Josephine Fenech from Mosta was 18 when she got pregnant 54 years ago. Back then, a teenage pregnancy out of wedlock was considered a big taboo. Something had to be done to hide the pregnancy.
The teenager and her parents moved to the US together with three of her siblings, while one brother stayed in Malta. When she gave birth in the US, she gave her newborn, who she called Jason, up for adoption. A year later, Josephine got married and had two sons and a daughter.
Seven years ago, Josephine passed away at the age of 65, taking her secrets with her to her grave.
Her son and his half-sister are now on a quest to trace the father, who they believe may have been a priest, and would like to get a DNA test to confirm.
Just three years ago, her daughter Jolene Usitalo found out she has an elder half-brother, Tim Grunert – as he was renamed by his adoptive parents. Now that they have established contact, they want to learn more about their background.
“Tim now knows who his biological mother was but now wants to know more about his father,” said 42-year-old Jolene, who reached out to Times of Malta to help find the answers.
Tim, 53, adds: “I’ve learned important health history information from my biological mother’s side. I want to know the complete picture of who I am. I think it’s a natural curiosity.”
A dive into the past
Three years ago, Jolene, who knew nothing about her mother’s past, decided to look deeper into her Maltese ancestry so she signed up to Ancestry.com, a US-based genealogy company that offers ancestry DNA testing.
“What I found out blew my mind. Ancestry told me there was a very close match, like a child or a half sibling.”
Jolene, who has three children, knew this was not about a child. As she thought about it, it all started making sense. Childhood memories came rushing back.
When she was about 17 years old, her uncle was at her house visiting and was telling Jolene a story. Her mother was not in the room when her uncle uttered the words: “That was round about the time your mum gave up the kid for adoption”.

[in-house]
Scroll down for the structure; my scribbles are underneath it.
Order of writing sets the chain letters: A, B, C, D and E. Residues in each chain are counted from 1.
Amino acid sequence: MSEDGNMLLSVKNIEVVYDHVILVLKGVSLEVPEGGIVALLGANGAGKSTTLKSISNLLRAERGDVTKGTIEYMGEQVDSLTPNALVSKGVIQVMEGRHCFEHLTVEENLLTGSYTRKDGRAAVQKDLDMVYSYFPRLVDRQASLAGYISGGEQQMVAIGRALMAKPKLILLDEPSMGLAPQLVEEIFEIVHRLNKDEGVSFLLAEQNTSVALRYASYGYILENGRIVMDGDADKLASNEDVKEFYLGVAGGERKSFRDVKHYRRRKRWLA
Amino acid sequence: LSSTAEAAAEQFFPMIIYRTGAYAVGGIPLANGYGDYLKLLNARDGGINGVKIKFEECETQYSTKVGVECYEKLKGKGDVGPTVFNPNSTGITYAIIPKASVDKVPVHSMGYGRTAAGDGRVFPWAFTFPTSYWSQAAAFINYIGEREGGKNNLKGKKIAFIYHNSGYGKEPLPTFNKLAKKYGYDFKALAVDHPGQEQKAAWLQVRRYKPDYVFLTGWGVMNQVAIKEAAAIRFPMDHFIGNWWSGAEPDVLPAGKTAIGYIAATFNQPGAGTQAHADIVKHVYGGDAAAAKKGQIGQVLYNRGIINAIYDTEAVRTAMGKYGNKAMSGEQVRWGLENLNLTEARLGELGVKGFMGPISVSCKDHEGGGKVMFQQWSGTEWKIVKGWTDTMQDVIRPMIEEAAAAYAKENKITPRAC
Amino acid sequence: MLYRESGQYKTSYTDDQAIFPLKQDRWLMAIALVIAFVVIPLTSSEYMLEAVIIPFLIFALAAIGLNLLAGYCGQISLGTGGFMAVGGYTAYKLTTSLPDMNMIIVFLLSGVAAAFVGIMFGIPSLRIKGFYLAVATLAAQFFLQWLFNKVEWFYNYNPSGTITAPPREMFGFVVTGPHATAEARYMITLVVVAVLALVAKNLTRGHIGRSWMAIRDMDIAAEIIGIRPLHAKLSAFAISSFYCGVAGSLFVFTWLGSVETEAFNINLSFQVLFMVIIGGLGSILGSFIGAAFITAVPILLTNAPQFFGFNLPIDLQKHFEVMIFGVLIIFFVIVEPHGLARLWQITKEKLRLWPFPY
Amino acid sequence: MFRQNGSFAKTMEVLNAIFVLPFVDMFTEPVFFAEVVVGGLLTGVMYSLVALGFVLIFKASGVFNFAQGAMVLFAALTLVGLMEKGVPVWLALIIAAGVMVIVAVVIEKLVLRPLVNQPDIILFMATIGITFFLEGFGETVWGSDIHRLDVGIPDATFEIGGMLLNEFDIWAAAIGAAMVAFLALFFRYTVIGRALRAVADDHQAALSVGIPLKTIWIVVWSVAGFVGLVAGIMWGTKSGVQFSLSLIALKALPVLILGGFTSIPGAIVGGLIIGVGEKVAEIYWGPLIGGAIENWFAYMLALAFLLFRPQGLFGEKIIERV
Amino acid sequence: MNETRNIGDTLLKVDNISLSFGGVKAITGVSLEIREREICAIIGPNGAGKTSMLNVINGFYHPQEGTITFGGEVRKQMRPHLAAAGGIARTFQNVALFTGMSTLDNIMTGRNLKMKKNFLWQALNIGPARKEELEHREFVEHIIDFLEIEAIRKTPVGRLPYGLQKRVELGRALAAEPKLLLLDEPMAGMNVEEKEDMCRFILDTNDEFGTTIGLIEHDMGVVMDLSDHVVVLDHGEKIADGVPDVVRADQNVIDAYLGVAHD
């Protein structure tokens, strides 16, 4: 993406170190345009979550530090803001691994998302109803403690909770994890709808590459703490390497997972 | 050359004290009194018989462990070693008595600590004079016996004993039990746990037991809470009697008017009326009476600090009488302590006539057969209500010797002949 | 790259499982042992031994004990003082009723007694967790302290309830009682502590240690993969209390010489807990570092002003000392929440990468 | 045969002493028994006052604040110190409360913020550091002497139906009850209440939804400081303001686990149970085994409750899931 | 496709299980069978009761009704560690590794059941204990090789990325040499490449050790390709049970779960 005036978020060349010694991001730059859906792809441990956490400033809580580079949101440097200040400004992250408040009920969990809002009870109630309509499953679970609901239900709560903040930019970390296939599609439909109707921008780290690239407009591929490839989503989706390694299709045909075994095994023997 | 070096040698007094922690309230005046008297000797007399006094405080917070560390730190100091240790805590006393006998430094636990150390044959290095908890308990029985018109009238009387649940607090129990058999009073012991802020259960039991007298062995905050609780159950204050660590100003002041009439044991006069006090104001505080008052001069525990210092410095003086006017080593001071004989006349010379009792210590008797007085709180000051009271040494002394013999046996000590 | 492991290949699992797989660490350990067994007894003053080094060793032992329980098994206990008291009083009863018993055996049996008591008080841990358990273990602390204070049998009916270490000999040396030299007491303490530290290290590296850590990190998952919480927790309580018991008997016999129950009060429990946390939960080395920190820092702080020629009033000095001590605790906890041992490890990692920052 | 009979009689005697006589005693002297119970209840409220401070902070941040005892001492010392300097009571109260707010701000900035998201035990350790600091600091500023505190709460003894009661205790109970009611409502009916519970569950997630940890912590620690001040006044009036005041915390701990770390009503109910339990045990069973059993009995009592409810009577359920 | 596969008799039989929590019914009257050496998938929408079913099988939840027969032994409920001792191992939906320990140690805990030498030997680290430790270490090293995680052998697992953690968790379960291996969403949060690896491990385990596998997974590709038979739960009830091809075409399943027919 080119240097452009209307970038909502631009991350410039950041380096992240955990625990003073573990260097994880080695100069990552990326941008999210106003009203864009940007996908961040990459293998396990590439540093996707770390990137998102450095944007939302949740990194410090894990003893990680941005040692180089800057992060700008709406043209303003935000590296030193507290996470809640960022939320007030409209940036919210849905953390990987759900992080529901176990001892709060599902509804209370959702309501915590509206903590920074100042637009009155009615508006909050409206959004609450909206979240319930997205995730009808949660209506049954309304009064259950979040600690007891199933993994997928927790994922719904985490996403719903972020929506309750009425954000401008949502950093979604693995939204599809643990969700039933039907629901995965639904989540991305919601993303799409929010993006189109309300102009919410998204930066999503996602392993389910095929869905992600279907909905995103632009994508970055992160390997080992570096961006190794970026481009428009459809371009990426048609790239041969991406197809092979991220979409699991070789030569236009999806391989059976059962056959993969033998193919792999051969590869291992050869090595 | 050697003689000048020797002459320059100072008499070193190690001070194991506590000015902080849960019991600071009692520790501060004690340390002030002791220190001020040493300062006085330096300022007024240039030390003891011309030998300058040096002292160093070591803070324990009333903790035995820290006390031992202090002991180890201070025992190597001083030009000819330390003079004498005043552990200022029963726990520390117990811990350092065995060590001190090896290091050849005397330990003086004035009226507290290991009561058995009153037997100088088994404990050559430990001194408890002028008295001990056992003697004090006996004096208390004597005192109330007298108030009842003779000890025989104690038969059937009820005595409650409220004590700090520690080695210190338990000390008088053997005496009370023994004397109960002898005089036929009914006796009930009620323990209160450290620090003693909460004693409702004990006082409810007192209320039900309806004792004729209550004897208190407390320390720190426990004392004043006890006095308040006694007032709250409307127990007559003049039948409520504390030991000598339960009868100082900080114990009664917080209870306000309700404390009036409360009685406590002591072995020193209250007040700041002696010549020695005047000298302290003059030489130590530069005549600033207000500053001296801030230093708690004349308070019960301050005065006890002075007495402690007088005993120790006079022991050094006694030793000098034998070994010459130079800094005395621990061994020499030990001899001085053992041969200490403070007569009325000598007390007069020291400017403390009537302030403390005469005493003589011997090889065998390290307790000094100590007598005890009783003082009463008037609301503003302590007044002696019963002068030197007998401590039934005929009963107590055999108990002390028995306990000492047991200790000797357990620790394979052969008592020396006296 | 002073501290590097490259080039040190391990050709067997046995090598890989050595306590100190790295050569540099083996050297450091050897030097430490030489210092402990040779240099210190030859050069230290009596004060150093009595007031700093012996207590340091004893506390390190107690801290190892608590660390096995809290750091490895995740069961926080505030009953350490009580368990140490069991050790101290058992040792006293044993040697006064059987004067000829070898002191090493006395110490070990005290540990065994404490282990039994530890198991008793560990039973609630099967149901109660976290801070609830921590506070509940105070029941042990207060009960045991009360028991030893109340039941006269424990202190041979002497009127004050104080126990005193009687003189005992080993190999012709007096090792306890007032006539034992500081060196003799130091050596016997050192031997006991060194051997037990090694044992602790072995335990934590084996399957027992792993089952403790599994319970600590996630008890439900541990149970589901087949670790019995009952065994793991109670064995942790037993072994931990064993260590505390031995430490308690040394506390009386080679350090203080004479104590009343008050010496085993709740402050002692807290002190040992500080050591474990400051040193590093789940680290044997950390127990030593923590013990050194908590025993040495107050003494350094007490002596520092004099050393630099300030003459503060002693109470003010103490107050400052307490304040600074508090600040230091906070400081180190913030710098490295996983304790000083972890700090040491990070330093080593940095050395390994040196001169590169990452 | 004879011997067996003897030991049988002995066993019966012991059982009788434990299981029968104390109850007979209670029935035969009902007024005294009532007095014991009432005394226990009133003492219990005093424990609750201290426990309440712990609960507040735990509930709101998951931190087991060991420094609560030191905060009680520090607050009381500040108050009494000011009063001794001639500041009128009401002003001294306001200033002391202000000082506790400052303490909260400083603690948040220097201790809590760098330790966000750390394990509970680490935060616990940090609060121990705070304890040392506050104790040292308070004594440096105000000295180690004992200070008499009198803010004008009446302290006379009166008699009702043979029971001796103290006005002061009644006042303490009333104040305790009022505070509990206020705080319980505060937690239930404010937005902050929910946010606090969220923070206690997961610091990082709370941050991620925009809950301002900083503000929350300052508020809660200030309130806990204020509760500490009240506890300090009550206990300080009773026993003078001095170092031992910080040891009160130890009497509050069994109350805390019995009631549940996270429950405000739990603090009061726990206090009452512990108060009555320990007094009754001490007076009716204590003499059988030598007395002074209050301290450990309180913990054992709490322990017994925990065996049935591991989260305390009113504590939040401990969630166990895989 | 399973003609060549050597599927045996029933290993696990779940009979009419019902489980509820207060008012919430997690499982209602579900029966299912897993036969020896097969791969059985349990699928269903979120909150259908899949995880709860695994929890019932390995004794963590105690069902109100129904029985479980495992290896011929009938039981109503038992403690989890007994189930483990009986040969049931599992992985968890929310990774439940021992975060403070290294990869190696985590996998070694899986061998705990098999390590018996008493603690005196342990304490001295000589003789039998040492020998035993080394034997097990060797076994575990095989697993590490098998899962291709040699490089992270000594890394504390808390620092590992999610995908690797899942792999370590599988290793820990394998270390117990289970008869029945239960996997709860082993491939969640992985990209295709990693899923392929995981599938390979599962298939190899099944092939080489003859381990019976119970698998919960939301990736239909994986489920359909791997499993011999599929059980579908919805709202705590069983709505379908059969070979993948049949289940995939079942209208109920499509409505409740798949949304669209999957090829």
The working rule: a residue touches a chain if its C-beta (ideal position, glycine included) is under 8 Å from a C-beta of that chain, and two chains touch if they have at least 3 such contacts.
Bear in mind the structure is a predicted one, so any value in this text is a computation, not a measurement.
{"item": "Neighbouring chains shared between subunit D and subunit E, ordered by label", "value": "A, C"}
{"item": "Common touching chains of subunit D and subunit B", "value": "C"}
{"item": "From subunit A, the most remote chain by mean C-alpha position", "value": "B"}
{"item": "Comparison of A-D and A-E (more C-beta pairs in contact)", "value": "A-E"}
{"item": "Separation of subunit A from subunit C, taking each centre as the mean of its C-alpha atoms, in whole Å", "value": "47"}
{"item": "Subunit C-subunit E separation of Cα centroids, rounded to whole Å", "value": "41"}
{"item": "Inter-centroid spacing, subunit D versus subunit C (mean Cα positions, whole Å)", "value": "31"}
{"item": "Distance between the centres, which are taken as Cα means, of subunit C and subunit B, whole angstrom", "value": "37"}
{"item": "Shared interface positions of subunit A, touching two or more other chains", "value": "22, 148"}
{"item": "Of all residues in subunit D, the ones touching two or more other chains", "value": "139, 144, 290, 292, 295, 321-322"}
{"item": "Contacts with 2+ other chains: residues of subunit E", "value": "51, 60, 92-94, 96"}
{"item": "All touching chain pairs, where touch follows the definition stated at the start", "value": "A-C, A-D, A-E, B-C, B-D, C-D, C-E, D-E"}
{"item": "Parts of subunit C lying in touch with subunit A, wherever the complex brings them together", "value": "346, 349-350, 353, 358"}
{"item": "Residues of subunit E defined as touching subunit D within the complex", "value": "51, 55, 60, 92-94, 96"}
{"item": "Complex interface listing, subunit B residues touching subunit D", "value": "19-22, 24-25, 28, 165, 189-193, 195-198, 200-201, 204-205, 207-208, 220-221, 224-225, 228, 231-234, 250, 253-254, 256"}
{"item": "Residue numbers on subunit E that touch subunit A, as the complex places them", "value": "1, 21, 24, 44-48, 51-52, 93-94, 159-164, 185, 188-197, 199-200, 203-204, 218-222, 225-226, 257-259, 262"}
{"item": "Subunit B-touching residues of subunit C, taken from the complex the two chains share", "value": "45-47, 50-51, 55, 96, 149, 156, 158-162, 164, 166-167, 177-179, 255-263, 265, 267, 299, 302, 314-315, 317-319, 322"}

“I remember I was shocked. When my uncle left, I asked my mum, and her reaction was not normal. She just said it never happened. It stuck with me,” she says.
Years later, during one of her several family trips to Malta, she was in the room when her mother was talking to some relatives in Maltese and started crying. Jolene did not understand Maltese so she asked a cousin to translate. The cousin translated: “I wonder where he is right now?”
“I know she ought to have thought about him, but she wanted to start afresh when she moved to the US. Back then it was extremely shameful to have a child out of wedlock,” Jolene says.
Connecting the dots
After hearing from Ancestry. com, Jolene reached out to the website to contact her brother and she asked her aunts and uncles if they knew anything.
“I called one of my aunts and told her. She started crying and said: ‘Is his name Jason?’ It was. They ended up telling me the story of why she really moved to the US.”
Her aunts asked her to drop the search for answers, but her uncle told Jolene that he remembered overhearing an argument that the father was a priest or a man who was about to become a priest.
Jolene heard conflicting stories: one uncle said he believed the father did not even know Josephine was pregnant, but an aunt said they were offered money by his family to keep things quiet.
After finding out about Tim, Jolene went through her later mother’s paperwork but did not find any clues. She also asked her father, who told her that her mother had told him she had given up a child for adoption, but she never wanted to talk about it.
Meanwhile, Ancestry.com got back to her with an e-mail address for her brother – who had been renamed Tim by his adoptive parents – and they exchanged phone numbers.
“There was a lot of crying. We kept in contact, and still talk a couple of times a week. It turned out that for several years he lived a few streets away from my older brother in Michigan and often went to the restaurant where my mum worked. He might have seen her without knowing,” she says. Jolene later met Tim in Chicago where he has lived since 2020.
Tim’s adoptive parents always told him he was adopted and that his birth mother was Maltese. “I’ve known that I was adopted as far back as I remember as a child. My adoptive parents told me they saw a document containing my biological parents’ names on the case worker’s desk during a meeting. They could see ‘Josephine Fenech’ and ‘Paul’. However, the last name of my biological father did not appear on the document.”
In 2012, a few years after his adoptive mother passed away, Tim requested information about his adoption from the State of Michigan where he was born. The State only provides what they term ‘non-identifiable information’.
“The names and ages of family members were blanked out on the copies of the State records sent to me. On one of the typed pages, I could tell from the number of letters typed on the line below that, assuming my biological dad’s name was indeed Paul, then his last name contained seven letters.”
Assuming my biological dad’s name was Paul, his last name contained seven letters- Tim Grunert
Tim would like to identify the man he believes is also from Mosta and perhaps meet with him, if he is still alive.
His sister adds: “My brother just wants to know who his father is. I’ve been to Malta five times, the last being 2019, and I’m now planning a trip with Tim in July – he’s never been.”
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